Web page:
# Introduction to Statistics

## W1 Overview

• Qualitative vs Quantitative data
• Quantitative is measured / Numerical
• Qualitative is only descriptive / Categorical
• Population # Sample size
• Mean ~ average
• Median ~ middle number of the serie
• (if even, the median is the mean/average of the 2 middle numbers)
• Mode ~ most common number in the serie

## W2U5 Measures of Dispersion

• Range is difference between lowest and highest values in a distribution
• Dispersion is important to get a full understanding of the data
• Formulas to calculate standard deviation
• Empirical rule helps explain the spread in a distribution
• Variance (expressed in squared units) while standard deviation is expressed as the scaled unit

## W2U6 Outliers

• Quartiles are middles between the range and median values in the distribution
• Q1 is 25th Percentile, Q2 50th Percentile, Q3 75th Percentile
• IQR or Interquartile Range is the range between the 2 quartiles around the median value
• Upper fence = Q3 + (1.5 * IQR)
• Lower fence = Q1 – (1.5 * IQR)
• Also referenced lower/upper inner fences
• lower/upper outer fences are same with 3 instead of 1.5 in formulas
• Outlier and extreme values

## W3U1 Correlation as a Statistical Measure

• Pearson correlation is the measure of the strength and direction of the linear relationship between two variables (only relevant when linear relationship)
• 0 indicates there is correlation. Ranges between -1 and +1, the greater absolute value, the stronger linear relationship. Positive coefficient indicates same direction(as one increases, the other increases as well) of the 2 variables, while negative indicates opposite directions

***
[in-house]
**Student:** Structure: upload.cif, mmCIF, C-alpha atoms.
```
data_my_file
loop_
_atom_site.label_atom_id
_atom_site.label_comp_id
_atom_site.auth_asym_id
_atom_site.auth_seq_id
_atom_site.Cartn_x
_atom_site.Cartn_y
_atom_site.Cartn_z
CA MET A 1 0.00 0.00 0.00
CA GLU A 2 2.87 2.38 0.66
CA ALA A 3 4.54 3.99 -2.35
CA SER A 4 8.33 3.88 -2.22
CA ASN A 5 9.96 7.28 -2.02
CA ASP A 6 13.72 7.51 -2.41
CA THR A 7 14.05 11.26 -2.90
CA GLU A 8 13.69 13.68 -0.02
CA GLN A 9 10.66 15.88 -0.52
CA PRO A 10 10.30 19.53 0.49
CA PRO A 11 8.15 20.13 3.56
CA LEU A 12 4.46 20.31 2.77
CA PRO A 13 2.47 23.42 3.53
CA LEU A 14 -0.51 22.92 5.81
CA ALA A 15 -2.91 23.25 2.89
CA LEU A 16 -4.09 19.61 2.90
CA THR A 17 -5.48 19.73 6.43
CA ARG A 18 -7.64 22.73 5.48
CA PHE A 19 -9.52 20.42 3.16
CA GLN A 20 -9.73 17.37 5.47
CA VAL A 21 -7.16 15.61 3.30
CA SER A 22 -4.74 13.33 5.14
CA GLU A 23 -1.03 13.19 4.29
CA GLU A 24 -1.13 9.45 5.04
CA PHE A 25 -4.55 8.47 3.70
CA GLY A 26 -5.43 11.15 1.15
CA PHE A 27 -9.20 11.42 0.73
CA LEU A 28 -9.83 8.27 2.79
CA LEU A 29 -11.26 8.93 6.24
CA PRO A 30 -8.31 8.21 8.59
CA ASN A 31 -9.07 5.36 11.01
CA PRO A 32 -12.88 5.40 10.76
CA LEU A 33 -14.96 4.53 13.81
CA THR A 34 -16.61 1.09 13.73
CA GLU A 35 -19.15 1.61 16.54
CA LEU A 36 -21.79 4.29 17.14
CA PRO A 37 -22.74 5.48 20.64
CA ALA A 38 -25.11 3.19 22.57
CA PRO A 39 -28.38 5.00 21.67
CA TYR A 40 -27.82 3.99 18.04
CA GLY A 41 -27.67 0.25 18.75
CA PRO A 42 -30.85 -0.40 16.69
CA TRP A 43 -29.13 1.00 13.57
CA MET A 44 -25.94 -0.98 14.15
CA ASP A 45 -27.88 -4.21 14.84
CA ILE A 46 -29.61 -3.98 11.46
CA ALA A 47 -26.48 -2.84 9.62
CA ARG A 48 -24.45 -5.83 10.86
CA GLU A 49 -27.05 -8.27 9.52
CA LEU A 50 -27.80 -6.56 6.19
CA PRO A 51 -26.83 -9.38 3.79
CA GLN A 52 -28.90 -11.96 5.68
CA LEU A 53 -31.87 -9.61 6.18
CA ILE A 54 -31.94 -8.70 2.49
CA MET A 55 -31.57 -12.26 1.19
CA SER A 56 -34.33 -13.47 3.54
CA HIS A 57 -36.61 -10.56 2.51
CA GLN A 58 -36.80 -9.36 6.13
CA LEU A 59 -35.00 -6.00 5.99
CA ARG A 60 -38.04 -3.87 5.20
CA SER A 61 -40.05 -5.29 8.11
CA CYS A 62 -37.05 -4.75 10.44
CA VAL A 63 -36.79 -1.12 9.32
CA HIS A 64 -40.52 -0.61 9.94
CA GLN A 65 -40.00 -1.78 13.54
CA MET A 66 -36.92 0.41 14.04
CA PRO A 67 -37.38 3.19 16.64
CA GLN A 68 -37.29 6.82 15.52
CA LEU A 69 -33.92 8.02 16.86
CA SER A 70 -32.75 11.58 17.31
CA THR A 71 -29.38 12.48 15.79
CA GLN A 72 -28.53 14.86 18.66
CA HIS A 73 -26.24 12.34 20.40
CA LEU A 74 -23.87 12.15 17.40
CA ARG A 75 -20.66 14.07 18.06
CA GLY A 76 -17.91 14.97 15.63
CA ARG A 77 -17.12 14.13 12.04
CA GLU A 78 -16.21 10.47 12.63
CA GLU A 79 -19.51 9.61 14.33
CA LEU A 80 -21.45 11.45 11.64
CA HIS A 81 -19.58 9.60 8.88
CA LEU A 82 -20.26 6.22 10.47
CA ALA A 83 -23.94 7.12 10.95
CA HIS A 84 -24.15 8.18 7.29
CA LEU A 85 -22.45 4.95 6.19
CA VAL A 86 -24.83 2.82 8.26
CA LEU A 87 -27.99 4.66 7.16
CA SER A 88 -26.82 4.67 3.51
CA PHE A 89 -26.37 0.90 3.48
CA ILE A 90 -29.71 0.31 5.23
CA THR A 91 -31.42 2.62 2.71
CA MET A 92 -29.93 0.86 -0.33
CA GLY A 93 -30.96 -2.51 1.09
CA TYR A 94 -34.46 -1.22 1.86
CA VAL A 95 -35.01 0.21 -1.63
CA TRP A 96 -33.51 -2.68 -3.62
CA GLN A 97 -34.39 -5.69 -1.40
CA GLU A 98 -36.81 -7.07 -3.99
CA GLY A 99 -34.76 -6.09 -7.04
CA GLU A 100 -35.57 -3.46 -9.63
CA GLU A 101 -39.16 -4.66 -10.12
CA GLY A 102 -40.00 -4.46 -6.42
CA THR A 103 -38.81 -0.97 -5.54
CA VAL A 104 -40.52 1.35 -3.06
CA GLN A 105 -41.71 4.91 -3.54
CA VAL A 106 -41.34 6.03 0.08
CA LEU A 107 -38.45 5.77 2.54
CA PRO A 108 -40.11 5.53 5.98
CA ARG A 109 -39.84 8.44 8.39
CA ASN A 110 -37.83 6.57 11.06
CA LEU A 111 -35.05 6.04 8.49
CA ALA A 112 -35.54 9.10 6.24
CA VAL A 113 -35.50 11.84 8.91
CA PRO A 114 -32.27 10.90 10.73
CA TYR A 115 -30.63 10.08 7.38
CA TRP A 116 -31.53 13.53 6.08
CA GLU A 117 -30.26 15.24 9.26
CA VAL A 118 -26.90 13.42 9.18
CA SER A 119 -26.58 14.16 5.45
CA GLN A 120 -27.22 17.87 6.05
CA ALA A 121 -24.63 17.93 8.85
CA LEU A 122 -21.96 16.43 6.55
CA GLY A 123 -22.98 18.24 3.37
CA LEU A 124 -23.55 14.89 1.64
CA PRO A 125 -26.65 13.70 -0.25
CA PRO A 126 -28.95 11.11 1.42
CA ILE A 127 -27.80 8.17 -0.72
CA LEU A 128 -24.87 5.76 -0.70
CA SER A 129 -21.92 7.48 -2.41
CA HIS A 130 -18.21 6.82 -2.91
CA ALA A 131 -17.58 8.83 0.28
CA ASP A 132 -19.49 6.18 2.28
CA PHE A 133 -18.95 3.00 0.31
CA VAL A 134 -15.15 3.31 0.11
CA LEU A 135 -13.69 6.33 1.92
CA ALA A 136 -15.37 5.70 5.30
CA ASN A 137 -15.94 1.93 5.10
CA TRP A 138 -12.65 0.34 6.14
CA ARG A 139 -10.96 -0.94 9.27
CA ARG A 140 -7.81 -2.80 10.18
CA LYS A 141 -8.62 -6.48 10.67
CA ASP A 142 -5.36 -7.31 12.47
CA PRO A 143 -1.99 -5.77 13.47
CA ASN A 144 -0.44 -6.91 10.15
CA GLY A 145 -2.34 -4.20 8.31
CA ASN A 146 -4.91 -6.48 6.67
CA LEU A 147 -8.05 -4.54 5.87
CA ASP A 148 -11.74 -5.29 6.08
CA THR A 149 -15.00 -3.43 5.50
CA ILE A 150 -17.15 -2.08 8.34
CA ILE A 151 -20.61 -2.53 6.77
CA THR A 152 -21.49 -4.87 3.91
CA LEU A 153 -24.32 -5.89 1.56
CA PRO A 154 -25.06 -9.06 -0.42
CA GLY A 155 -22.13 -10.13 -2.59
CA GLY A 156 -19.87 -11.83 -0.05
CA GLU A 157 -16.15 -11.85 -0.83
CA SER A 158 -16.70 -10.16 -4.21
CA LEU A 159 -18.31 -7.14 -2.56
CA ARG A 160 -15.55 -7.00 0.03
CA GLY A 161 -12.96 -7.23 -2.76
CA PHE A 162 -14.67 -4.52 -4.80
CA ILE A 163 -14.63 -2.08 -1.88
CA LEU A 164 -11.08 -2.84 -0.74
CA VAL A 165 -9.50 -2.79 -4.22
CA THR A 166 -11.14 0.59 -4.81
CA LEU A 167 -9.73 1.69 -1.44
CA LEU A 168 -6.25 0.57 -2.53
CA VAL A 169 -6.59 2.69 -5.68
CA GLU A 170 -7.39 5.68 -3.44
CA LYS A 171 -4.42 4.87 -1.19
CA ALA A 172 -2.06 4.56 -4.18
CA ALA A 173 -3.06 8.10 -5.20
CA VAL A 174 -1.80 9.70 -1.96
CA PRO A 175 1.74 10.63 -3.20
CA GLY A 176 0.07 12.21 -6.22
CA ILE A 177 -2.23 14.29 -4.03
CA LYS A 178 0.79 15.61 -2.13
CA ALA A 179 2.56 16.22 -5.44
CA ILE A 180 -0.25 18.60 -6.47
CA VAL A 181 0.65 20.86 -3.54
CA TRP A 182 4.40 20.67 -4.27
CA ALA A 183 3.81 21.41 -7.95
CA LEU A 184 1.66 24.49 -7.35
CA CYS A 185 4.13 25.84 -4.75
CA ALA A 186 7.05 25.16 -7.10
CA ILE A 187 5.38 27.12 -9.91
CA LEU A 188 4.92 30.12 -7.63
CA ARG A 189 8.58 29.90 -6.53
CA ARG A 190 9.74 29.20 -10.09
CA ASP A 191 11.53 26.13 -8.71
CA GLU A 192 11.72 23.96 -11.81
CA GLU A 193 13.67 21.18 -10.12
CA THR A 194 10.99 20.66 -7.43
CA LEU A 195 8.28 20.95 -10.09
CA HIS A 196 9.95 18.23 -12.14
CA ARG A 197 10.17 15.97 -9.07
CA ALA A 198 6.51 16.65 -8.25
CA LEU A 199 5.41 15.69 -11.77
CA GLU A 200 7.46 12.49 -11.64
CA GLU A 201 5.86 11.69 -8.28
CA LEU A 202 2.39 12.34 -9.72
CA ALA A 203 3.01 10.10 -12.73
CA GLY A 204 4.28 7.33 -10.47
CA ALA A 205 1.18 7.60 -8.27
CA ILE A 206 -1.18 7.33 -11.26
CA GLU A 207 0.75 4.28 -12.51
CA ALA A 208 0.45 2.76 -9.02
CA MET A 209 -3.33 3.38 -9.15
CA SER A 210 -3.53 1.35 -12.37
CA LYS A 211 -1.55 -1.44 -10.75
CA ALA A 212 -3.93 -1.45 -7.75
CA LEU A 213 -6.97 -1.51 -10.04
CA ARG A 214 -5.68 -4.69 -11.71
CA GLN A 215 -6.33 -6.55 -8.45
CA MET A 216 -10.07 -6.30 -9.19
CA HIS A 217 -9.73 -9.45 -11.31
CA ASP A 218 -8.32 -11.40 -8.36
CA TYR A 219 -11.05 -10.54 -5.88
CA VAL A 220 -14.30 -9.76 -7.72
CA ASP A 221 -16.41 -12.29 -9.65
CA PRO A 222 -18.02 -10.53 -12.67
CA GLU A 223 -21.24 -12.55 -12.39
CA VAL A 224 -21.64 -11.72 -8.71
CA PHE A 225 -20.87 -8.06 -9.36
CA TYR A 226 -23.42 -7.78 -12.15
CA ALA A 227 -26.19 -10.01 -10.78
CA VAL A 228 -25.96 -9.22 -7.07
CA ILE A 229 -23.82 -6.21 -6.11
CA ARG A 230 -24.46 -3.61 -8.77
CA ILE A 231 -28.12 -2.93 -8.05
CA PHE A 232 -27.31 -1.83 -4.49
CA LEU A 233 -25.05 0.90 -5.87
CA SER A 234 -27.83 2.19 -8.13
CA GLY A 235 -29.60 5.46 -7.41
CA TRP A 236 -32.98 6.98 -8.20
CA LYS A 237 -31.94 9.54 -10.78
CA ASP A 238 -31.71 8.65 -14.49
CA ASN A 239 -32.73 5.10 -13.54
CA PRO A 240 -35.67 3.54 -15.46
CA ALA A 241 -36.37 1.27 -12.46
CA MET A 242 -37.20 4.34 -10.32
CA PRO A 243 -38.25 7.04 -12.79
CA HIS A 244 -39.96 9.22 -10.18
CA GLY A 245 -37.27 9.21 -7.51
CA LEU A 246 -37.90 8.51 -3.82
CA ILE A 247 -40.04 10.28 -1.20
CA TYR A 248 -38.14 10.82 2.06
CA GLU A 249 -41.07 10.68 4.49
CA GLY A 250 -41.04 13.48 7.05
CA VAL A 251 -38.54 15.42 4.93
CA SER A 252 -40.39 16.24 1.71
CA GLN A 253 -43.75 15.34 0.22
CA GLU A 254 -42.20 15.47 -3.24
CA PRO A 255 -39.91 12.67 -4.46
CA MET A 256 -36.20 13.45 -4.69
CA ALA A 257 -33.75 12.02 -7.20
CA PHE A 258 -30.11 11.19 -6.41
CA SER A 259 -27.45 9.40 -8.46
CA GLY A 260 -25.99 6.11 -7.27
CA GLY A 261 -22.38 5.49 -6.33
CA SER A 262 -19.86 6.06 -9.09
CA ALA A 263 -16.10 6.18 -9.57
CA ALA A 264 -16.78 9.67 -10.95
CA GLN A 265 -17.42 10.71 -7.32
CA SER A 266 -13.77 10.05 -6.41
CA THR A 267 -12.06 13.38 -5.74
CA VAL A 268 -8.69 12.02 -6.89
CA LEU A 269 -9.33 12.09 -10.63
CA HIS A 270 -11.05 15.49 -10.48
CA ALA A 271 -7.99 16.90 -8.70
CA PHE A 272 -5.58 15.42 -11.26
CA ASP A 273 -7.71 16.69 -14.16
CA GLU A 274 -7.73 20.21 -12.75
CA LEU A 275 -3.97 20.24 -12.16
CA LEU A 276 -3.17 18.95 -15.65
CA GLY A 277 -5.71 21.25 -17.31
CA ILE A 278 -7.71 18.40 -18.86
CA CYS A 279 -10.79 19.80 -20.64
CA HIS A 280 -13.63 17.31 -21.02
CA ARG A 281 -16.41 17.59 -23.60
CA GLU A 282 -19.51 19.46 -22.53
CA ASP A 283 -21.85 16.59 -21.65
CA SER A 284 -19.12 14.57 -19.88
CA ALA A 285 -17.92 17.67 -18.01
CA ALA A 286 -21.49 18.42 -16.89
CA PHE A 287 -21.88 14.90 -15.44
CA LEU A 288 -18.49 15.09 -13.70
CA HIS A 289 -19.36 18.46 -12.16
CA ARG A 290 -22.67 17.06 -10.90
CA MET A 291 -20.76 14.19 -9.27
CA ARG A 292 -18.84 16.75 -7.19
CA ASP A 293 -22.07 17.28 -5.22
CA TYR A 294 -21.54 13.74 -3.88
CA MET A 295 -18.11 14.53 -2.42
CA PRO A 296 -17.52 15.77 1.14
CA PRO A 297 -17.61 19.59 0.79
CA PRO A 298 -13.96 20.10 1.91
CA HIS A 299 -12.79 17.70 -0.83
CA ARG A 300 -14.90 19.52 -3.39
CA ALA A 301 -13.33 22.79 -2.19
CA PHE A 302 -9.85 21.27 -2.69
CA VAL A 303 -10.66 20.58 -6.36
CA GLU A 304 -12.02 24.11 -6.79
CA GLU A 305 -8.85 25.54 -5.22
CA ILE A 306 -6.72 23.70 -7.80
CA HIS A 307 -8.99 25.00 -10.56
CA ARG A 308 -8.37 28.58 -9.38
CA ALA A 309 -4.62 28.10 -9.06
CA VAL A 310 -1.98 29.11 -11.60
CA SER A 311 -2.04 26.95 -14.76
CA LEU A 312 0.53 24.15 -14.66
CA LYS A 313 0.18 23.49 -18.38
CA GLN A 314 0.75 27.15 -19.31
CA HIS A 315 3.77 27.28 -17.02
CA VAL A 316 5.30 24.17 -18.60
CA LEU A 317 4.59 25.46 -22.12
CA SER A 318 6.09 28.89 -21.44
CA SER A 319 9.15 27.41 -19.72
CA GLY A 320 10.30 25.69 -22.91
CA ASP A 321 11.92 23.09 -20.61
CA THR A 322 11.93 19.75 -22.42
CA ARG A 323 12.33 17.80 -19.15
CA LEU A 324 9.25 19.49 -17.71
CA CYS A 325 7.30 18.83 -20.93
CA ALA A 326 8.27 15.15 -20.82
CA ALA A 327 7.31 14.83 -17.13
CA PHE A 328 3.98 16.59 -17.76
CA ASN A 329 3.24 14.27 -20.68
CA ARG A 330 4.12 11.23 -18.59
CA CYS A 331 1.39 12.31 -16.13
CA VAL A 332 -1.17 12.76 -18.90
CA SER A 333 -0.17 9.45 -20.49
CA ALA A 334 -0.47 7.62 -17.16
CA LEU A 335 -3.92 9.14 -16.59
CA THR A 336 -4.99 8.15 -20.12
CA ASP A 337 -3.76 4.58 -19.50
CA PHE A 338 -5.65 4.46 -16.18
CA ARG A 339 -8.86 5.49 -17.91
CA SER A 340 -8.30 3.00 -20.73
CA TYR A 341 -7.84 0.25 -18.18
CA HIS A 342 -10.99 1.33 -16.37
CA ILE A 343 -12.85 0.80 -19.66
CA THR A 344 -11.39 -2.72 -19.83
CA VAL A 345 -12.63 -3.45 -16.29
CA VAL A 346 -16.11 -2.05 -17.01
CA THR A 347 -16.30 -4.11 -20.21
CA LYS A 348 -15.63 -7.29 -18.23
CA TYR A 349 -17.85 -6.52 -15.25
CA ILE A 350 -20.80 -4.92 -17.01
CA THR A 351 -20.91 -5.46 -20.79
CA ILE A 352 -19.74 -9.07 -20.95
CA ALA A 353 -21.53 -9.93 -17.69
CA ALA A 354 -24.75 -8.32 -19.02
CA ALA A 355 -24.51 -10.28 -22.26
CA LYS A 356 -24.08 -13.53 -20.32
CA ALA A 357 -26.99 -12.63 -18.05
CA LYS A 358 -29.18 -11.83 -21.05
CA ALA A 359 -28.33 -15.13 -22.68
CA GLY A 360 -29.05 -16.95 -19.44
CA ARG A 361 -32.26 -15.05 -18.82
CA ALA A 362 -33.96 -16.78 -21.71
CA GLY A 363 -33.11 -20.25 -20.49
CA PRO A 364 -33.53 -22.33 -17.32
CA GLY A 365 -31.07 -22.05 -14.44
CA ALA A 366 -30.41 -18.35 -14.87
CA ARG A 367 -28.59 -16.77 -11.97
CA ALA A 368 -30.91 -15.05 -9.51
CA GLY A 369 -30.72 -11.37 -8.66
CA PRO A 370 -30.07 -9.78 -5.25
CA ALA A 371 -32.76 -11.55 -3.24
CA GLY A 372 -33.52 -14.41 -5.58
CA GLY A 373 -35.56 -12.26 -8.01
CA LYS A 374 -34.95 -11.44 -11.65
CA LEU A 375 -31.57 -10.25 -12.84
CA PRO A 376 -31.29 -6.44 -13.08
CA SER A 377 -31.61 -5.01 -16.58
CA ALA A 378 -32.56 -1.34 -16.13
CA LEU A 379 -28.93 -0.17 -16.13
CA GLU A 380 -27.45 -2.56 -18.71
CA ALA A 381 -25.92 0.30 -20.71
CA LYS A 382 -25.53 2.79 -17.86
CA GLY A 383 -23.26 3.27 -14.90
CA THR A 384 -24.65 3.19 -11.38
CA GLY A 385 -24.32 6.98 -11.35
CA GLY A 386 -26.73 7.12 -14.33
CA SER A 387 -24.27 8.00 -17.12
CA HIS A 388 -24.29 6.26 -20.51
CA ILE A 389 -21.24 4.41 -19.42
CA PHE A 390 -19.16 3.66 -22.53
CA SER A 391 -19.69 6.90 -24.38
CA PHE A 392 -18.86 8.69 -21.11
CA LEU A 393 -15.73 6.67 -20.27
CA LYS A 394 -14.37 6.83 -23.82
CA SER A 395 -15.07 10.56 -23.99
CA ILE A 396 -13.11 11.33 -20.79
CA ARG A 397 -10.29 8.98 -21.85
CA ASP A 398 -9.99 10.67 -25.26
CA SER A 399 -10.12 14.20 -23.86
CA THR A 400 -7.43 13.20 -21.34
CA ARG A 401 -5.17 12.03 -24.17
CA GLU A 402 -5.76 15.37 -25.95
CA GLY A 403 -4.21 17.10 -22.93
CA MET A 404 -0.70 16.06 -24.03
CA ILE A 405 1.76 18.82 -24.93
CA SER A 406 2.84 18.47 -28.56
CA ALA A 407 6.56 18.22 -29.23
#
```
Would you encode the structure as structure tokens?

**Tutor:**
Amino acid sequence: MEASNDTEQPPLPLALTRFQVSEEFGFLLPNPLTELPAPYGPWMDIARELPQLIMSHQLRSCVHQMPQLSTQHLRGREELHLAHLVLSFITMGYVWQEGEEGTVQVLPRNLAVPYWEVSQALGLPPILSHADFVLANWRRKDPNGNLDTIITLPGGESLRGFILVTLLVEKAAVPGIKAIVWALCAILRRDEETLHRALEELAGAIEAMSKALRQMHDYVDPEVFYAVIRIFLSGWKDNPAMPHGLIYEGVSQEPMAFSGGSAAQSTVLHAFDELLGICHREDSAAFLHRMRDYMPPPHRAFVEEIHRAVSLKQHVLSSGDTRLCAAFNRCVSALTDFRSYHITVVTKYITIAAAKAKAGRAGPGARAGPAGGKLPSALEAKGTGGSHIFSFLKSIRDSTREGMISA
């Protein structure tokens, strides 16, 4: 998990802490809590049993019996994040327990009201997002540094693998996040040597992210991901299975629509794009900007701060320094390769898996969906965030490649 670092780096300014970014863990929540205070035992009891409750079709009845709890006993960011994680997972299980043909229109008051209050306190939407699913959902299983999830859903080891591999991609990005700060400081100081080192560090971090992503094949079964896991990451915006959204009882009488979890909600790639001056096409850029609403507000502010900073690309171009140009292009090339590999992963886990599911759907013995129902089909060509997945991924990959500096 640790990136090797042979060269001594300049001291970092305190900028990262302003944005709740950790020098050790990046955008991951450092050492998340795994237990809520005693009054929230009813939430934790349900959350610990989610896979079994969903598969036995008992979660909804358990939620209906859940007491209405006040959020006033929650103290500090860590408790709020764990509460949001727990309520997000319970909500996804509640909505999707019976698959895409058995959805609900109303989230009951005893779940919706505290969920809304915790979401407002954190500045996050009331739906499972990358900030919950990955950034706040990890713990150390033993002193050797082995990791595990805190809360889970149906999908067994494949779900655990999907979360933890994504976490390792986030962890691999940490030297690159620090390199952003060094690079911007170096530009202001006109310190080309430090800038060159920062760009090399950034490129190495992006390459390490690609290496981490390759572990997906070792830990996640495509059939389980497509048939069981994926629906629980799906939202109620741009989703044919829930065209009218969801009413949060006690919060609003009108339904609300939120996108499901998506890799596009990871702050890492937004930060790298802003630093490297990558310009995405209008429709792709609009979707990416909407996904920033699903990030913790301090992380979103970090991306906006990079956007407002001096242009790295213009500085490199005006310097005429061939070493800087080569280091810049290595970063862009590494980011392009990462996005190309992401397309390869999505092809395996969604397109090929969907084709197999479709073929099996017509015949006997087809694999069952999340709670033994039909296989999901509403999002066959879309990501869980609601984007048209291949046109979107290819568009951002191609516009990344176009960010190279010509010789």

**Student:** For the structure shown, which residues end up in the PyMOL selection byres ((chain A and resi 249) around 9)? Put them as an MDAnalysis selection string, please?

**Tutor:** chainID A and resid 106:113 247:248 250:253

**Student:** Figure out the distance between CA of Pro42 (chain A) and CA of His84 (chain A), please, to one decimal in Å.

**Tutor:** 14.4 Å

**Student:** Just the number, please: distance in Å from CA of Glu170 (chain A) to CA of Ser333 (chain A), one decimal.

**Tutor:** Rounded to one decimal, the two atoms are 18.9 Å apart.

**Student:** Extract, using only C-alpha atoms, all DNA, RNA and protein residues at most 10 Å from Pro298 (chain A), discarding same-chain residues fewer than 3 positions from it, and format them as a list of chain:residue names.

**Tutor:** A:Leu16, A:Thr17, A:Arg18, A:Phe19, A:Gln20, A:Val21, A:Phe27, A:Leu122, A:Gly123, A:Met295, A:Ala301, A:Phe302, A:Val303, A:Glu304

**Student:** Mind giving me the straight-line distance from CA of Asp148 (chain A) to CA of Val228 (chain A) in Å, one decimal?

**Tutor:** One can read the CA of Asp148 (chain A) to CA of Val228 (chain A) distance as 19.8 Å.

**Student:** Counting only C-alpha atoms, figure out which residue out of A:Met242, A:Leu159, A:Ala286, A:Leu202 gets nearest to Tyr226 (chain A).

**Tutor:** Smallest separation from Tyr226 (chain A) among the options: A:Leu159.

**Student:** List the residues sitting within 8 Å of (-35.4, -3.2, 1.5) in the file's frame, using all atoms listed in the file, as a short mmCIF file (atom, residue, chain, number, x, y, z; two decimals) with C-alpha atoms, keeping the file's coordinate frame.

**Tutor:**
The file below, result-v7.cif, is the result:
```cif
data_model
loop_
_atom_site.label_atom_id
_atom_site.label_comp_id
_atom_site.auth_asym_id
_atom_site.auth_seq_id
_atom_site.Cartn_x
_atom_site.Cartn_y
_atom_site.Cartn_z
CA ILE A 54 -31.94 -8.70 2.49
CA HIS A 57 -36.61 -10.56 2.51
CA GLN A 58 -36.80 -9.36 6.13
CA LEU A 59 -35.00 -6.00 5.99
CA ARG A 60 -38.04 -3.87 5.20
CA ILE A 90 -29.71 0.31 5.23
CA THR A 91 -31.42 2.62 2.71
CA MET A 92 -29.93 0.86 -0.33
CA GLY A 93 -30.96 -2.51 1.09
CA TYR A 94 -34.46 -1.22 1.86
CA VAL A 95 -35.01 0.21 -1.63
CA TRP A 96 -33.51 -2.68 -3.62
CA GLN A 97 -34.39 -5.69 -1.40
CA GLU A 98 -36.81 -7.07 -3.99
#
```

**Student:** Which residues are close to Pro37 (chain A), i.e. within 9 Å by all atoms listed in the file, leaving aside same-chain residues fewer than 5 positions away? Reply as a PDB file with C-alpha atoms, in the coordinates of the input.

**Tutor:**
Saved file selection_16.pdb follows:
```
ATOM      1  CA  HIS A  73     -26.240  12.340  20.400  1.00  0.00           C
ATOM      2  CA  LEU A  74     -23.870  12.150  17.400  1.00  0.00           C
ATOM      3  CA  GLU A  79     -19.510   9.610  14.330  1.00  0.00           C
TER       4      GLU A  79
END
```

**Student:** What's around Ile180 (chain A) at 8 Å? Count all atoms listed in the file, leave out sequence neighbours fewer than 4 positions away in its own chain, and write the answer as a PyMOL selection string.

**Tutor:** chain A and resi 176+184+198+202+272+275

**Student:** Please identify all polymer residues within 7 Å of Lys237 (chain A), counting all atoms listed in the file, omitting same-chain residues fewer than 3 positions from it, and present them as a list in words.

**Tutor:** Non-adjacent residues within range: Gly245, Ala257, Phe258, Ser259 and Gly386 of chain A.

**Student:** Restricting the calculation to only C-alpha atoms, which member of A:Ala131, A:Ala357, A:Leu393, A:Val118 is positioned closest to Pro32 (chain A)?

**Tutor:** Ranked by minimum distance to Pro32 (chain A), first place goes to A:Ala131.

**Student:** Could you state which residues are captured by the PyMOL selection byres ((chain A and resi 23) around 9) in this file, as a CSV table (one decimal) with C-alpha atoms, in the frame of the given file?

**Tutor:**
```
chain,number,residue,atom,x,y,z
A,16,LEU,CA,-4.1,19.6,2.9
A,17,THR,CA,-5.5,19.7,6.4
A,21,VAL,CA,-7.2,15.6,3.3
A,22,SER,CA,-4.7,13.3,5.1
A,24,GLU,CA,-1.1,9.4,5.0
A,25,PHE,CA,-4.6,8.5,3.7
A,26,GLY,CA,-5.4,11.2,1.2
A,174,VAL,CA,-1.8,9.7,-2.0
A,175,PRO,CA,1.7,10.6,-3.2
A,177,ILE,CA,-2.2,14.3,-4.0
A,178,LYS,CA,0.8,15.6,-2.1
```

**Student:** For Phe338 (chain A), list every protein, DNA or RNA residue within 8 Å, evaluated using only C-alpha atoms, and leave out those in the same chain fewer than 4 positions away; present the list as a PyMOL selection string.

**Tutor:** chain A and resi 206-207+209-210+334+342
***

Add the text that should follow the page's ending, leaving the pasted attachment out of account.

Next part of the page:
## W3U2 Correlation Vs Causation

• Cause & Effect, Causation indicates that one event is the result of the other occurence of the other event. There is a causal relationship between the two events.
• Spurious relationships
• Lurking and confounding variables can make it difficult to conclude that it was the explanatory variables alone that affected the observed changes in the response variable.

## W3U3 Scatter Plots and Line of Best Fit

• 2 dimensions graph of Y vs X. Linear relationship when there is an approximate straight line. To be more precise, the line of best fit must be calculated.
• y = mx + b
• slope (m) and y-intercept(b) are the two values needed
• b = mean(y) – m x (mean)x

## W3U4 Linear Regression

• Least squares
• Residual = Fitted Value – Observed Value
• Linear regression is an approach to modeling the linear relationship between a target variable and one or more explanatory variables. It should produce residuals that have a mean of zero, have a constant variance, and are not correlated with themselves or other variables. If these assumptions are true, then the ordinary least squares regression procedure will create the best possible estimates.
• Simple linear regression has only one explanatory variable
• It indicates whether the model as a whole has statistically significant predictive capability.
• When you “test the null hypothesis” it means you are assessing the probability that there is no relationship between the explanatory variables and the target variable.

## W3U5 Interpreting Results

• Check slides (open source R commands, null/alternative hypothesis, F-Test/F-statistic, significance of individual variables, R-squared)
• Y-Intercept – The value Y is predicted to have when all the explanatory variables are equal to zero
• F-statistic
• It is the ratio of the mean regression sum of squares divided by the mean error sum of squares.
• Assumption 1 Linear relationship
• Assumption 2 No or low multicollinearity
• Multicollinearity occurs when the explanatory variables are highly correlated with each other.
• Assumption 3 No autocorrelation